Downtown: Edmonton’s Much-Needed Move Back to the Core

Posted by Gurpreet Ghatehora on Friday, February 26th, 2016 at 9:23pm.

If you drive around downtown Edmonton right now, there is one thing that everyone can see: the new Ice District. The area is being heralded as a brand new chance for Edmonton’s North Downtown area, a chance for revitalization and an opportunity for people to help downtown become more than a place for the nine-to-five workers.

The Ice District is the result of quite a few different things to happen in Edmonton’s downtown and urban planning over the past few years, and it could bring something the city has desperately needed for some time now: effective, medium-to-high density areas that can help contain the city’s urban sprawl.

Many people are unaware of the restrictions that the downtown airport put on the city, but there was a height restriction on buildings that curbed the chance for a larger downtown. The Airport Protection Overlay, a bill passed when the airport was built, limited building heights quite severely compared to other Canadian cities. It varied by area, but in general buildings weren’t allowed to exceed 150 metres. To put that in perspective, Calgary’s Bow building is 236 metres tall, something that was beyond impossible for Edmonton until just two years ago.

With such restrictions, Edmonton grew outwards instead of upwards. Now, it takes up more space than Toronto but with less than half the population, and this has led to issues felt by all of Edmonton’s citizens every day. Long commute times, a city transit that can only effectively connect certain neighbourhoods, and severe urban sprawl are all issues facing the city. But with the height restrictions gone and promised housing in the downtown, people could be on their way back into the city proper, and that can be a good thing.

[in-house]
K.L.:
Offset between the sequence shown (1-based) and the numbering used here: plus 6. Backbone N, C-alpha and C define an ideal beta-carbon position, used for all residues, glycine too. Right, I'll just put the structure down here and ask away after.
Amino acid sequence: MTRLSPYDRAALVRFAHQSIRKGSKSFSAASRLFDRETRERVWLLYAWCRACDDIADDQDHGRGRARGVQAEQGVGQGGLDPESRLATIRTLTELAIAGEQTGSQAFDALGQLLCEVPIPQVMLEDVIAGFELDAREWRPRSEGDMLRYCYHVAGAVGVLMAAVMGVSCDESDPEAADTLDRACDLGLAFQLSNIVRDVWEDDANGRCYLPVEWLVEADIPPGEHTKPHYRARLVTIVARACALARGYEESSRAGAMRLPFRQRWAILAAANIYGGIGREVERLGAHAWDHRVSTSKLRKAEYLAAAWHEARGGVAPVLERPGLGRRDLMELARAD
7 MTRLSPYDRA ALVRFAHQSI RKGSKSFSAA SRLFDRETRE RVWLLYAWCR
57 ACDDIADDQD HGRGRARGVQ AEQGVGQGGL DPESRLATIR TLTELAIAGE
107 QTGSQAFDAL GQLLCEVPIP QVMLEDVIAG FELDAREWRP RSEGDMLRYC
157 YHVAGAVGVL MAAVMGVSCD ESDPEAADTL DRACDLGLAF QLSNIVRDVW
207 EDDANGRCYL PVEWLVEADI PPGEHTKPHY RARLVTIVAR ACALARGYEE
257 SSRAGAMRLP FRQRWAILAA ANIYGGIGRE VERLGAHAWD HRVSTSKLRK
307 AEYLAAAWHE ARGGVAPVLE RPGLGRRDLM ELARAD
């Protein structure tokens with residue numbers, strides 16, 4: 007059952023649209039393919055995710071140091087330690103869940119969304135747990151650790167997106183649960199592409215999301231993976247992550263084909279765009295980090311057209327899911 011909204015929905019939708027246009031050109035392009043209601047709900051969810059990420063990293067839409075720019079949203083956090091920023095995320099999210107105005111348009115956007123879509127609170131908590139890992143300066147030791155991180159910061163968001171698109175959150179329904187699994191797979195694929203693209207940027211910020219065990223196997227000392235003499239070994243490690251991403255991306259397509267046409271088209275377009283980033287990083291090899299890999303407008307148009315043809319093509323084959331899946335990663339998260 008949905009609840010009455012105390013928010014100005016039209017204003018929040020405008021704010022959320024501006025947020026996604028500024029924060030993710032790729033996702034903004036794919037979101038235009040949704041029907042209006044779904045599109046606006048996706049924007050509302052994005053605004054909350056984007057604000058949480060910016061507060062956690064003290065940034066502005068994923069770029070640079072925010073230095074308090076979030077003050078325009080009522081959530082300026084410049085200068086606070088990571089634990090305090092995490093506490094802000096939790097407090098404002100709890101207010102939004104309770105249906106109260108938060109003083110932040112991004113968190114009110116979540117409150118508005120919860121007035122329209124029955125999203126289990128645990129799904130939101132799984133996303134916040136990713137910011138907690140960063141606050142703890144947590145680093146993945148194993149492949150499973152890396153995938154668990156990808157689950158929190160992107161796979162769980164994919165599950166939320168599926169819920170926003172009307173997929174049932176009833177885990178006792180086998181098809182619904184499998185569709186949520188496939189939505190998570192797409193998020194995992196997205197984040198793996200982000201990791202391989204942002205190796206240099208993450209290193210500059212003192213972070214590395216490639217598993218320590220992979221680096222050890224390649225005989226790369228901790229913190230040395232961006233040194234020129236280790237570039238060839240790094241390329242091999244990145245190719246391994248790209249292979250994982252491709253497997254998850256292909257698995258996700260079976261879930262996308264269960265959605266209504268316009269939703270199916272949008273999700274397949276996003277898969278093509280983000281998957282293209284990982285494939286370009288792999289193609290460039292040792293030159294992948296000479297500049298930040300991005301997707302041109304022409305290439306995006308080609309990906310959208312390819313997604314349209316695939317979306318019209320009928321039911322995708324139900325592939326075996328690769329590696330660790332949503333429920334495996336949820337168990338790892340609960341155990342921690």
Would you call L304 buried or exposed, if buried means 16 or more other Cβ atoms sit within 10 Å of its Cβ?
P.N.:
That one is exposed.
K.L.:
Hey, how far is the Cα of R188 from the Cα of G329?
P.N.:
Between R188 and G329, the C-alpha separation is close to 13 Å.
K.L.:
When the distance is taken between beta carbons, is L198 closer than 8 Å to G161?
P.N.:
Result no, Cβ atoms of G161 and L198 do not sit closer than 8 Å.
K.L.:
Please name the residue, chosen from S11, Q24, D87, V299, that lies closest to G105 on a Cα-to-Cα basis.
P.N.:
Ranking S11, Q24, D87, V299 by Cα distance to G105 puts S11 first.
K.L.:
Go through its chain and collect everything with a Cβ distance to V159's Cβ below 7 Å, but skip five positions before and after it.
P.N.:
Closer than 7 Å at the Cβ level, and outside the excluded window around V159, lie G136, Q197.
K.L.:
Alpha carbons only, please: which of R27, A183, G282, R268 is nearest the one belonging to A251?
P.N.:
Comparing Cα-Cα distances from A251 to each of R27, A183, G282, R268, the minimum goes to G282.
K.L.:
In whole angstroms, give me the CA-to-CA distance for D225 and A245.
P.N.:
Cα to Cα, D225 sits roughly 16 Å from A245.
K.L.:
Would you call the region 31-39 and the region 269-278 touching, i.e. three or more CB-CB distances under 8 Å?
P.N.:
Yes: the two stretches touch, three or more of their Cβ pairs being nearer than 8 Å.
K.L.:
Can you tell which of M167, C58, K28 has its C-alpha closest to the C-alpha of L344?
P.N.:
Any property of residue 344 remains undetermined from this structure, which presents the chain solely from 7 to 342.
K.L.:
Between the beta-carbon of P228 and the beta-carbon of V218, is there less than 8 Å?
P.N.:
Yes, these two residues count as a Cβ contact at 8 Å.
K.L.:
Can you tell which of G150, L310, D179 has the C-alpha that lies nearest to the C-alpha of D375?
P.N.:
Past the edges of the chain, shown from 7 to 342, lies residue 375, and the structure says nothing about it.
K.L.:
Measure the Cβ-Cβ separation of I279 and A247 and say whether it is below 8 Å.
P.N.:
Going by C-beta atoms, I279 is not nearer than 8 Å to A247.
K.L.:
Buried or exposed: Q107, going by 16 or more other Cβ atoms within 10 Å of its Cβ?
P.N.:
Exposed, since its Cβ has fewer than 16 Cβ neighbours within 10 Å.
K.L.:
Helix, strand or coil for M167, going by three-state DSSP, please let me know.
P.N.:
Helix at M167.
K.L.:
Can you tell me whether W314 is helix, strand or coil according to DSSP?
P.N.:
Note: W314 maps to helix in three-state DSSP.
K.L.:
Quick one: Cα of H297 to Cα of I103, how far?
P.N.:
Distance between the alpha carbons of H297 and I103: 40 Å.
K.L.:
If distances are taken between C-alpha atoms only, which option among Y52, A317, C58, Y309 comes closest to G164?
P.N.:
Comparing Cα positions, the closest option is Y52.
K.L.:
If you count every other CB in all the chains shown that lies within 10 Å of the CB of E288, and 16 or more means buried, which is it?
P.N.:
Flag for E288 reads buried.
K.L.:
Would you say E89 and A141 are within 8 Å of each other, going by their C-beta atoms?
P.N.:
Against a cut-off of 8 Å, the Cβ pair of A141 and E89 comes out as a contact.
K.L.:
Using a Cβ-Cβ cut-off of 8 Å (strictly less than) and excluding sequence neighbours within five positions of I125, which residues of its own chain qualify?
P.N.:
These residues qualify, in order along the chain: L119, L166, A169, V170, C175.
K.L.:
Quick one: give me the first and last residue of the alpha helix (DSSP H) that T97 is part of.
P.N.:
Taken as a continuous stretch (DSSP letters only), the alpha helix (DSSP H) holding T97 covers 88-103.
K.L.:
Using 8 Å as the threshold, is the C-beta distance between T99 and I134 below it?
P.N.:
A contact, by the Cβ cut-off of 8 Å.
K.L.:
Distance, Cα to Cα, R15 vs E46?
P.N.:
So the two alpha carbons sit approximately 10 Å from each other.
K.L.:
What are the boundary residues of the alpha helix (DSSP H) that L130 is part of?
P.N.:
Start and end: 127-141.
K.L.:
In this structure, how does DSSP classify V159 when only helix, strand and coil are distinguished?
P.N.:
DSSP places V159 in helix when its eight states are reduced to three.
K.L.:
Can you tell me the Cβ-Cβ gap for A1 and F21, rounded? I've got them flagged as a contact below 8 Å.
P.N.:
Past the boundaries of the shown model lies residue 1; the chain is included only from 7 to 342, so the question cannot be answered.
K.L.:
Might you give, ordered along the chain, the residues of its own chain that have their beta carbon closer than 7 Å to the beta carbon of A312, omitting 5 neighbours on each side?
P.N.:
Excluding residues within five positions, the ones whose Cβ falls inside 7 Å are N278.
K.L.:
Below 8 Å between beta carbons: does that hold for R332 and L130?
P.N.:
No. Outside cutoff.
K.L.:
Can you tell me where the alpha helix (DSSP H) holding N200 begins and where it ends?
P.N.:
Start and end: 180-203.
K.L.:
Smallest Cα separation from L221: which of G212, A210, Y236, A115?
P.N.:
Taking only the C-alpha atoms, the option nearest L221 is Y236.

Not only can medium-to-high density housing in downtown Edmonton help the core be economically viable, it can help the city’s infrastructure as well. The downtown ill see a longer day in terms of economic activity, with people living, working, buying, and selling in the area (which means more places will be open past 6, a rare occurrence right now). It could also mean less traffic overall, as people will walk or rely on city transit for their morning commute. And with increased public transit activity, the city could have the money to start making real changes to the system, and get people moving in a way that isn’t happening at the current time.

Edmonton’s history has been one of spreading out, but Ice District could mean a city that’s a little bit smaller, more economical, and much easier to navigate. As the sprawl is being felt by every citizen, having people move back to the downtown could help Edmonton’s future, both as a place to live and a place to do business.

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